Idea in Brief

  • Trauma-informed approach to design allows to consider how traumatic experiences affect users and find inclusive solutions that will meet their needs.
  • By following specific principles, it is possible to unlock the transformative power that design might have for human beings.
  • Above all it is necessary to prioritize user safety and prevent re-traumatization by conducting an in-depth research of users’ fears and needs.

Chayn is a survivor-led community, which means we practise trauma-informed design and prioritise trust and safety over aesthetic or simplicity. Often, this also means we have to go the long way to embrace the complexity that is commonly flattened in favour of post-it sized personas and cardboard empathy maps. Since 2013, many hundreds of hours of research, creating, testing, learning, unlearning and experimenting have gone into how Chayn’s design supports survivors of abuse — across different types of needs, languages, cultures and political landscapes.

Understanding trauma

Trauma is an emotional response to one or many terrible events that involves a risk of harm or danger to ourselves or others. The threat can be a threat to our life, such as assault; sense of self (as in emotional abuse); or our personal identities, like the everyday experiences of racism. Behaviours and norms that destroy, invalidate or erase our sense of identity, our wellbeing and sense of self can cause trauma.

These scars that communities inherit manifest in dangerous, confusing and damaging ways. For instance, in the United States Native Americans experience PTSD more than twice as often as the general population. The model below by Peter Menzies (Clinical Head of Aboriginal Services Centre for Addiction and Mental Health Toronto) does a great job of thinking about homelessness and its connection to intergenerational trauma.



Where there is trauma, there is room for healing — but the route to heal will look different for everyone. Especially if trauma is continued and chronic, meaning someone has been made to feel unsafe within themselves and in the worldOur foundations of control, entitlement, agency, love and care are affected or compromised by sustained abuse.

An evolving set of trauma-informed design principles

A literature review of trauma-informed practices will reveal many values but mostly focus on ensuring user safety and preventing re-traumatisation. In a physical setting, this would mean thinking about the reception space of a clinic or else removing triggering sounds, objects and smells from a treatment area.

  1. Trustworthy: Build trust with transparent, clear and consistent communication and design. People who experience trauma have often lived through internal and external unpredictability. Good, intentional user interface builds credibility in the first interactions — but it’s the service itself that will do the rest. One way to build trust is to be consistent and predictable.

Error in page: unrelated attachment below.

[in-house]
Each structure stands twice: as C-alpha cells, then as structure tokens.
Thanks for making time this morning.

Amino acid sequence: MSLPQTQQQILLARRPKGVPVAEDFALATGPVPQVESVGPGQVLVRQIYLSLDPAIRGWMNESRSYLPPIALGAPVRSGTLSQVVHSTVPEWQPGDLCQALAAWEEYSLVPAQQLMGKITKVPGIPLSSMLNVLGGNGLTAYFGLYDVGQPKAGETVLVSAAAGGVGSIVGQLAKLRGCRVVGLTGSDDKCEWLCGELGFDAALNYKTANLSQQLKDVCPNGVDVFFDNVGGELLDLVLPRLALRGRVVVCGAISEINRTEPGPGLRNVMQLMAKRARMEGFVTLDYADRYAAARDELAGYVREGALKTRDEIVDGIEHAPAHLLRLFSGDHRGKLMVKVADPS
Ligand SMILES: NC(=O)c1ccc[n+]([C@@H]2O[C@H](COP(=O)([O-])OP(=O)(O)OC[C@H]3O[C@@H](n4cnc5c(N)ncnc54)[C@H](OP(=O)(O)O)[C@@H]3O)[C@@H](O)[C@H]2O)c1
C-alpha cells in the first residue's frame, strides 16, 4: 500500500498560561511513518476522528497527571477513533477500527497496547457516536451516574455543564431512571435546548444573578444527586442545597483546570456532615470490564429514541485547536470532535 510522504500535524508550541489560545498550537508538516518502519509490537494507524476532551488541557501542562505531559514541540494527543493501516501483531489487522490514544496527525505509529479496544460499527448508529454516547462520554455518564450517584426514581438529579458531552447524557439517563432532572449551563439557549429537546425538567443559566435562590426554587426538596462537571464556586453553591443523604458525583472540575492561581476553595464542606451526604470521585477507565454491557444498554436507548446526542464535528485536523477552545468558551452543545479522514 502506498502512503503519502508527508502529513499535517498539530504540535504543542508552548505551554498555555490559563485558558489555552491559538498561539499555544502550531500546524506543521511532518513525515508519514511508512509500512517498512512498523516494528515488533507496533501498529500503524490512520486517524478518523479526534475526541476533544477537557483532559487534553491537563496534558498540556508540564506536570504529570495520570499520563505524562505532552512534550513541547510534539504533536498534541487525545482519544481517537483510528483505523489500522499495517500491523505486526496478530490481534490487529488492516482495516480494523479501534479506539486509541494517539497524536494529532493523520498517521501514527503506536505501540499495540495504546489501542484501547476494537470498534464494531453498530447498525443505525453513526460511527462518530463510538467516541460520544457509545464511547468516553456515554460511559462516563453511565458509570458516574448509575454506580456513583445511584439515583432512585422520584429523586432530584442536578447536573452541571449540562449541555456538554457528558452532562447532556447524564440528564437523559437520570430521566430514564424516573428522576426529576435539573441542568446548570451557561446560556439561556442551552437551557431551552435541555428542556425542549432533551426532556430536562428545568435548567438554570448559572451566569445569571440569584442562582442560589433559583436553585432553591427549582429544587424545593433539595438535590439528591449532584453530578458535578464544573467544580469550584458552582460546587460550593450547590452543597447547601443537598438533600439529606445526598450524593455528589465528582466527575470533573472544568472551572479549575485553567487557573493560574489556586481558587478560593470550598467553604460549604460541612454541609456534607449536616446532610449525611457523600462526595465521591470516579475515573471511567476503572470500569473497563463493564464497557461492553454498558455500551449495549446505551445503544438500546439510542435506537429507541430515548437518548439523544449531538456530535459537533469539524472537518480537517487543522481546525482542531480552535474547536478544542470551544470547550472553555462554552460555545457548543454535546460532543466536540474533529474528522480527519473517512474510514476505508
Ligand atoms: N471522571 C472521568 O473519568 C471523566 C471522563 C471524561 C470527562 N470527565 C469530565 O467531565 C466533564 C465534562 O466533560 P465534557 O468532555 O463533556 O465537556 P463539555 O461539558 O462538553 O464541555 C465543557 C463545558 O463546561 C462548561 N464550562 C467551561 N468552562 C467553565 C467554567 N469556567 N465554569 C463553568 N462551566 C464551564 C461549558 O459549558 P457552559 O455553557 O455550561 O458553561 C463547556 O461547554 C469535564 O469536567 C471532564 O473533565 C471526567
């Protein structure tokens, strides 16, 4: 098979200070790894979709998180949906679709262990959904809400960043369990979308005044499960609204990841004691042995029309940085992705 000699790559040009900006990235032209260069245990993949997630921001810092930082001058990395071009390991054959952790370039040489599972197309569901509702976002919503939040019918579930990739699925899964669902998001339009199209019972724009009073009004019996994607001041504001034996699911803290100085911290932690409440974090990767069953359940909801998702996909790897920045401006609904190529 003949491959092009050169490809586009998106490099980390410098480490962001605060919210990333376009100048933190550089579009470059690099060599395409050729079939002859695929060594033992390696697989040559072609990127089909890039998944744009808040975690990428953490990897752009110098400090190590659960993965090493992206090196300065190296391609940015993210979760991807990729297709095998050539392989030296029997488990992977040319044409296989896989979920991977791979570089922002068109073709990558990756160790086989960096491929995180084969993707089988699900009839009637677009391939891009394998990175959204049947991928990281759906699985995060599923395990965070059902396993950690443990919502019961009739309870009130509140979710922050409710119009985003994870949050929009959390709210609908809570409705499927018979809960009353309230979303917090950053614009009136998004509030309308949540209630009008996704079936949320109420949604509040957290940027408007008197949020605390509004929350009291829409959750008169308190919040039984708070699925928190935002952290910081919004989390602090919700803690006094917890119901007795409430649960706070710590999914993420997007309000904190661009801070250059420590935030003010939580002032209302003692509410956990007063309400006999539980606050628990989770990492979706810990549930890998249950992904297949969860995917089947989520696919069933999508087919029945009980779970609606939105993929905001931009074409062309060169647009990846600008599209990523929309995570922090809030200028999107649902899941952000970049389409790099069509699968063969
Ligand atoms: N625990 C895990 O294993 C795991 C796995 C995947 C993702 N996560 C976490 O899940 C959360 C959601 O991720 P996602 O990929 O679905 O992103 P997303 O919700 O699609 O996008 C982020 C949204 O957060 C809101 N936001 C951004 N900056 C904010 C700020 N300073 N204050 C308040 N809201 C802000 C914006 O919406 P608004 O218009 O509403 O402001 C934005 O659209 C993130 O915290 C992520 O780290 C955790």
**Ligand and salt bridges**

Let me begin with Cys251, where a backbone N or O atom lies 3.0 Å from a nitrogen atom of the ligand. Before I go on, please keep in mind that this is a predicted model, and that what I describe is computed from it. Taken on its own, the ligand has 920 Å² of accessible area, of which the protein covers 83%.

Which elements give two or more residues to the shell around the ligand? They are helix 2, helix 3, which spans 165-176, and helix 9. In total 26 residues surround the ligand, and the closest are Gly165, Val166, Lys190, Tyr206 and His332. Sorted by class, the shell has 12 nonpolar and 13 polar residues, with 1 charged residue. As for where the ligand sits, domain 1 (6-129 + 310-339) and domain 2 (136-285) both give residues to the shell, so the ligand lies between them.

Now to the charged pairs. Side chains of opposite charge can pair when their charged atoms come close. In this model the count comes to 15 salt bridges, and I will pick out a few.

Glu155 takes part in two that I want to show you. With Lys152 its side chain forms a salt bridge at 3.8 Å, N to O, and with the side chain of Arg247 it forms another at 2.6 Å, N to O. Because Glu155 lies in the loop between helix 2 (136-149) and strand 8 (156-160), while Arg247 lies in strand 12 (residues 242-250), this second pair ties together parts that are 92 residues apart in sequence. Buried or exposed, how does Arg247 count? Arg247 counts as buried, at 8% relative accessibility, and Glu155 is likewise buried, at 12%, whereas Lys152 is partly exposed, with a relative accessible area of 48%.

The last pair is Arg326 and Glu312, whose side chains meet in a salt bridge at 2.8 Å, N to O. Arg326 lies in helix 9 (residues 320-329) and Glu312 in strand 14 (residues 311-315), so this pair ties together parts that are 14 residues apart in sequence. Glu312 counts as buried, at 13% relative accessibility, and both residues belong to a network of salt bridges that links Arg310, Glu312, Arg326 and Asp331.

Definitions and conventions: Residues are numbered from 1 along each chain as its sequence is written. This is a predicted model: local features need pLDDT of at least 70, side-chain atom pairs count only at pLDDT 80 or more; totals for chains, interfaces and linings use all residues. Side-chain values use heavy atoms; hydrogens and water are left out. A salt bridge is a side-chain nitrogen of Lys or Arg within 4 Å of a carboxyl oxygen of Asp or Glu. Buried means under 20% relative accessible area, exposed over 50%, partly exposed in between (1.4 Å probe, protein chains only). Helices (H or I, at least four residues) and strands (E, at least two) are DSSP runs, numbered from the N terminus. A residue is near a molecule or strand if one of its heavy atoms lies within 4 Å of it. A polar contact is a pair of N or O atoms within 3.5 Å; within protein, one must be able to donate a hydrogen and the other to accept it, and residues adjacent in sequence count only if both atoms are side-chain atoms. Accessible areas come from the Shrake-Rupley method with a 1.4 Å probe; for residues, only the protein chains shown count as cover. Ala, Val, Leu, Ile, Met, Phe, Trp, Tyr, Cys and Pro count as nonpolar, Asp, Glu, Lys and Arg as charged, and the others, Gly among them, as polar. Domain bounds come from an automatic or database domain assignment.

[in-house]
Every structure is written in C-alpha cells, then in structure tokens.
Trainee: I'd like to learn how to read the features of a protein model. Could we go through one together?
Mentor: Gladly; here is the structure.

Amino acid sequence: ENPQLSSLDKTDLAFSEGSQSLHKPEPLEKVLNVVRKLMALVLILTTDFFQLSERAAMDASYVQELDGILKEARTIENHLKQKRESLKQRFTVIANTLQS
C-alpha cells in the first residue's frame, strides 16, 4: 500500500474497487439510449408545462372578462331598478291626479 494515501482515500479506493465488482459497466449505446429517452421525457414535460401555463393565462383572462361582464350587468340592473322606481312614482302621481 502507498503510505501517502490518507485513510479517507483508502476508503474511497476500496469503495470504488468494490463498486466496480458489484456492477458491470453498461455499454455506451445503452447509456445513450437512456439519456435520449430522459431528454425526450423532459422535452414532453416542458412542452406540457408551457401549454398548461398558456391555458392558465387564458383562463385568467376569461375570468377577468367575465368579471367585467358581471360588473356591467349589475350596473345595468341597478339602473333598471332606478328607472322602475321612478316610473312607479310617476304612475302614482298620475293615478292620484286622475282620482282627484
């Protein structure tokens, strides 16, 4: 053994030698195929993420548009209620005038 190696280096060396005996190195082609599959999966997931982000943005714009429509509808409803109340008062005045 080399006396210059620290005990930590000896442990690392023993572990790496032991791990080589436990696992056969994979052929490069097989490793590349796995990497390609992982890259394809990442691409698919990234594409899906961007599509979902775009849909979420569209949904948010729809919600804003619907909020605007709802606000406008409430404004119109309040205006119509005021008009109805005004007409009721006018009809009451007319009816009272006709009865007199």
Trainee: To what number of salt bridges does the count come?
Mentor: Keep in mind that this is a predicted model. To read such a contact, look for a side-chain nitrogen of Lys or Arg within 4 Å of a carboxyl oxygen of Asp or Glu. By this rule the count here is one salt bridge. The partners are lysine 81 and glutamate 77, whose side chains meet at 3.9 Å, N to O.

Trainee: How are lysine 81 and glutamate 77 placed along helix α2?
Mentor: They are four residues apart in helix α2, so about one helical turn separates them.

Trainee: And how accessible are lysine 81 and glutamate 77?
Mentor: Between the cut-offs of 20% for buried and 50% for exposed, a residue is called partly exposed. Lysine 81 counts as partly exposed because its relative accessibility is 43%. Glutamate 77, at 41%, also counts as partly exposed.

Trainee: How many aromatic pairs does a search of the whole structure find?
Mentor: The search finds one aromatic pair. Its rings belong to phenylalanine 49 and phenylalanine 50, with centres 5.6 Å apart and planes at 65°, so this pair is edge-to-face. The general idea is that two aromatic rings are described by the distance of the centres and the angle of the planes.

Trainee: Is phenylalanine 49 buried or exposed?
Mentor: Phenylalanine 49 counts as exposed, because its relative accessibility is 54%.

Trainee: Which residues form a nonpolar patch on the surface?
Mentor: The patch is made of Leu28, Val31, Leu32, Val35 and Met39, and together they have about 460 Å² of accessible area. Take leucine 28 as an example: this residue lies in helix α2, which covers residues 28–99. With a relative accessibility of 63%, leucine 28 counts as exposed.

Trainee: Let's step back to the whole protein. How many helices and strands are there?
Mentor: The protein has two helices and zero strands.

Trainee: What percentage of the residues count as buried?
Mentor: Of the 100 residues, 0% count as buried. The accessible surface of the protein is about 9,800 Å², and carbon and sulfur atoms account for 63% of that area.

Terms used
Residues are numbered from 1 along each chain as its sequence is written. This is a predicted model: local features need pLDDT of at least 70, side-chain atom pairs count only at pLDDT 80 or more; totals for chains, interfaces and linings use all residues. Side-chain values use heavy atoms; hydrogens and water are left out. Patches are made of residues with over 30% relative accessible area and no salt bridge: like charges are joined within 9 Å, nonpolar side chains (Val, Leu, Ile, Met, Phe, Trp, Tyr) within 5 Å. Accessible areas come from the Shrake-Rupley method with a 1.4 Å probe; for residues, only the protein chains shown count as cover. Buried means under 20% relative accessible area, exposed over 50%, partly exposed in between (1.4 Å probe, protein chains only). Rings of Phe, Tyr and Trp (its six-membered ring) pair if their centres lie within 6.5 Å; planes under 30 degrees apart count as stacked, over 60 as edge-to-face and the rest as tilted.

2. Plurality: To do justice to the complexity in human experiences, we need to suspend assumptions about what a user might want or need and thus account for selection and confirmation bias. A refugee might not be able to speak English but may be able to competently converse in “texting” English.
  3. Agency: Abuse, inequalities and oppression strip people of agency. We must always make sure we do not use tactics of oppression to ensure we can redistribute power and agency by providing information, community and/or material support.Users and survivors of abuse should be a critical component to their own path to wellbeing, not silenced.
  4. Open and accountable: For Chayn, this also means practising the values of openness and collaboration with our partners, banishing the spectacle of perfection performance and embracing the risk of failure that comes with holding uncertainty as dear as knowledge.
  5. Solidarity: There is no single-issue human, therefore all of our interventions need to be designed with that in mind. Even if our services focus on one aspect, we need to signpost to other needs to provide the best relief.
  6. Empathy: Abuse can leave us feeling like no one cares about us and, at times, that we don’t even care about ourselves. Empathetic, warm, soothing and minimally-designed interfaces and narrative should feel like a virtual hug, motivating people to both ask for and embrace the help we can offer. It should validate their experience as we seek out collaborative solutions.
  7. Friction and privacy: We should remove unnecessary obstacles from users getting to the information and help they require, although some friction is necessary to protect user data and personal rights.
  8. Hope: People who come to our services are often in positions of pain or of trauma. They do not need to be reminded of their own struggles, experiences or difficulties with harsh words and sad pictures — many of which are facsimiles of an abusive experience, organised in sensationalism rather than truth, or are shocking for the benefit of an audience rather than the survivor themselves. It’s scary and brave to reach out for help:our virtual spaces need to feel like an oasis for users, not another place of stress, Othering or misunderstanding.